For more information or questions about Nestle Toll House raw cookie dough, visit the company's Web site, www.verybestbaking.com.
At the time, health officials said they were not positive Toll House cookie dough was to blame, but Nestle took precautionary steps because many of the people sick ate the raw cookie dough.
"Consumers who have purchased these products should not consume them," the Nestle statement said. "Instead, we are asking that consumers return these products to their local grocer for a full refund."
Nestle does advise on its package that people should not eat raw cookie dough.
The company also stressed that its other products were OK to eat -- including its pre-baked cookies, chocolate chips, cocoa and ice cream made by Dreyer's and Edy's that contain cookie dough.
The FDA also released a statement June 19 about the cookie dough advising consumers to throw away cookie dough products already in their refrigerators.
"Cooking the dough is not recommended because consumers might get the bacteria on their hands and on other cooking surfaces," the FDA statement said.
Symptoms of E. coli include dehydration, bloody diarrhea and stomach pain, though serious cases can lead to kidney failure. According to the Centers for Disease Control and Prevention, there are about 76 million cases of foodborne sicknesses in the United States every year.
Still, a recent study showed that many Americans ignore food recalls designed to keep them safe.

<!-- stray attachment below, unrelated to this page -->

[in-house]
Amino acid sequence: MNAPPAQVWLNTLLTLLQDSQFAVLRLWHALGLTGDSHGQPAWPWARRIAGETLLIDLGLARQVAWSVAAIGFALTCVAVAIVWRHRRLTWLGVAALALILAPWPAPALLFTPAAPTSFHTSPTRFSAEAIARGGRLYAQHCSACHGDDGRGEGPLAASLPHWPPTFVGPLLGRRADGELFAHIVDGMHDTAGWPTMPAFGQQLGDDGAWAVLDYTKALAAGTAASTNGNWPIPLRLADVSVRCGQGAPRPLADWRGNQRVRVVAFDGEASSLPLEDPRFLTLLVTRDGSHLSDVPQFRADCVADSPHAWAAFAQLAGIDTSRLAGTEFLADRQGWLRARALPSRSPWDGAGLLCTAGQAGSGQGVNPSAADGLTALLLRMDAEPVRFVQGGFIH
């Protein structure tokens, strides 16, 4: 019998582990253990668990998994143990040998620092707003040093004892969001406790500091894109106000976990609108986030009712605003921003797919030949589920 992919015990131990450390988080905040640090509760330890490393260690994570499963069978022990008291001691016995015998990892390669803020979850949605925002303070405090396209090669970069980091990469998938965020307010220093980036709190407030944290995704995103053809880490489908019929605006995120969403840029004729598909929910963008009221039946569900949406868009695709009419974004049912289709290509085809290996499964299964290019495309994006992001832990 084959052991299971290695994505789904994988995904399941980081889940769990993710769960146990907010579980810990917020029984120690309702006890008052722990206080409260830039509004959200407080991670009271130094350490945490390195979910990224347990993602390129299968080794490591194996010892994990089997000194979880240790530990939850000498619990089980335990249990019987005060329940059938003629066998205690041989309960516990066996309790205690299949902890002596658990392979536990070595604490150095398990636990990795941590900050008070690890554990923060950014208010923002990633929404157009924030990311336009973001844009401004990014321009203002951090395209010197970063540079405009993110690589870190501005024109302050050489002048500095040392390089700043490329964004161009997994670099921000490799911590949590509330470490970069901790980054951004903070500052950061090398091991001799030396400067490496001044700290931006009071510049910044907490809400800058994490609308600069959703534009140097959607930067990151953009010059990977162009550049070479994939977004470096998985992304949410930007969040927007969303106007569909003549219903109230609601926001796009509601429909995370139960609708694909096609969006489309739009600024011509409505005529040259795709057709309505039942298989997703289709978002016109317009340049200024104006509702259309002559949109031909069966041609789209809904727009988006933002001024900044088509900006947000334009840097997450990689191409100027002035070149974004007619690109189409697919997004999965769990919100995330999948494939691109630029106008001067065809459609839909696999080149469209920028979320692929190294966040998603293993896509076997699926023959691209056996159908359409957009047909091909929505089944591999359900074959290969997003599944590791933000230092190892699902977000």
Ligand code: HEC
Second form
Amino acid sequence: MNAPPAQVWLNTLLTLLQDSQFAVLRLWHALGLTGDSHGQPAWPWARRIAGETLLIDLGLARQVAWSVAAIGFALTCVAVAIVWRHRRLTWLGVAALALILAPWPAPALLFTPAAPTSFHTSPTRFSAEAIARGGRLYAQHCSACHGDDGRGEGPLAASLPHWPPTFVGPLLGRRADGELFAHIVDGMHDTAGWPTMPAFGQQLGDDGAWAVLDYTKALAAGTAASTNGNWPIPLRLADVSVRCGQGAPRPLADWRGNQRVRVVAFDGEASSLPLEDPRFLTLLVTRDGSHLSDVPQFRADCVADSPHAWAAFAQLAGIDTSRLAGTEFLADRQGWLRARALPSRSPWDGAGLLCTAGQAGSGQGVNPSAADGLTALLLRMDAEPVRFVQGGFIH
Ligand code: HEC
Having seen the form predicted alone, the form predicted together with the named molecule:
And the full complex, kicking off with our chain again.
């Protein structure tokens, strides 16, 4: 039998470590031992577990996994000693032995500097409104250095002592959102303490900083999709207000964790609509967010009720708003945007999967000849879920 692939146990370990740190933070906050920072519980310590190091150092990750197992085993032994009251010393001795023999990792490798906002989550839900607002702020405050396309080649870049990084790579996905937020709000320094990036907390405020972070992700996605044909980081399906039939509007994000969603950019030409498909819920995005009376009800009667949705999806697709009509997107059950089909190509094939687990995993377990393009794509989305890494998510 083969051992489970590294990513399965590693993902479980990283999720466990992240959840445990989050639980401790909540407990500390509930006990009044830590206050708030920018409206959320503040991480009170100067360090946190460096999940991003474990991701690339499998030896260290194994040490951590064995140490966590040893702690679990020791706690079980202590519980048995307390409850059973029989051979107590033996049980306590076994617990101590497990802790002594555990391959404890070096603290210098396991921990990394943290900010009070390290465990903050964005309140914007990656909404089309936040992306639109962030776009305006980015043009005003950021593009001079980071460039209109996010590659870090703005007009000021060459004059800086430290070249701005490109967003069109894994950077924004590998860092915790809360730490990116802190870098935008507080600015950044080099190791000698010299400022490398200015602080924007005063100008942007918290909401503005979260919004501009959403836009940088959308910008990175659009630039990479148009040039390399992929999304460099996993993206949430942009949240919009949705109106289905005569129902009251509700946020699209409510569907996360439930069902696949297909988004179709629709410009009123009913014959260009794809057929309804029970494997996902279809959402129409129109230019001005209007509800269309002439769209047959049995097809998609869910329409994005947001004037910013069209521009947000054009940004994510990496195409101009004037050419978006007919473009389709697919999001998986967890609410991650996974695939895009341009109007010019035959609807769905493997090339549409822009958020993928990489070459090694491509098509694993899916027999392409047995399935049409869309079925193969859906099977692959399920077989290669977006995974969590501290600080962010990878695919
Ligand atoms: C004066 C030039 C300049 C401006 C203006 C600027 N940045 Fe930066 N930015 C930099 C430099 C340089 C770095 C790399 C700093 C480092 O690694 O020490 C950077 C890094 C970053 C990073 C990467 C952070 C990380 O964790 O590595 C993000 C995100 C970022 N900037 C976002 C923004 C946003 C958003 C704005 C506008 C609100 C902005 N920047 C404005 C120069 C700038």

Earlier this week, federal health officials announced new measures intended to prevent tainted products from entering the food supply.
The measures, announced by Vice President Biden, Agriculture Secretary Tom Vilsack and Health and Human Services Secretary Kathleen Sebelius, included requirements to refrigerate eggs during transport and more stringently inspect poultry houses to prevent the spread of salmonella. It also included efforts intended to keep E. coli out of beef and prevent bacteria from entering fruits and leafy greens.
"There are few responsibilities more basic or important than the government making sure the families in America eat food that's safe," Biden said.
The changes came four months after President Obama laid out plans to improve food safety after concerns about tainted peanut butter and tomatoes, which were quickly followed by problems with pistachios.
Obama vowed to boost the number of food inspectors and modernize labs to better keep tabs on the nation's food supply, adding that vulnerabilities in the food-safety system stemmed in part from outdated guidelines.
"Part of the reason is that many of the laws and regulations governing food safety in America have not been updated since they were written in the time of Teddy Roosevelt," he said.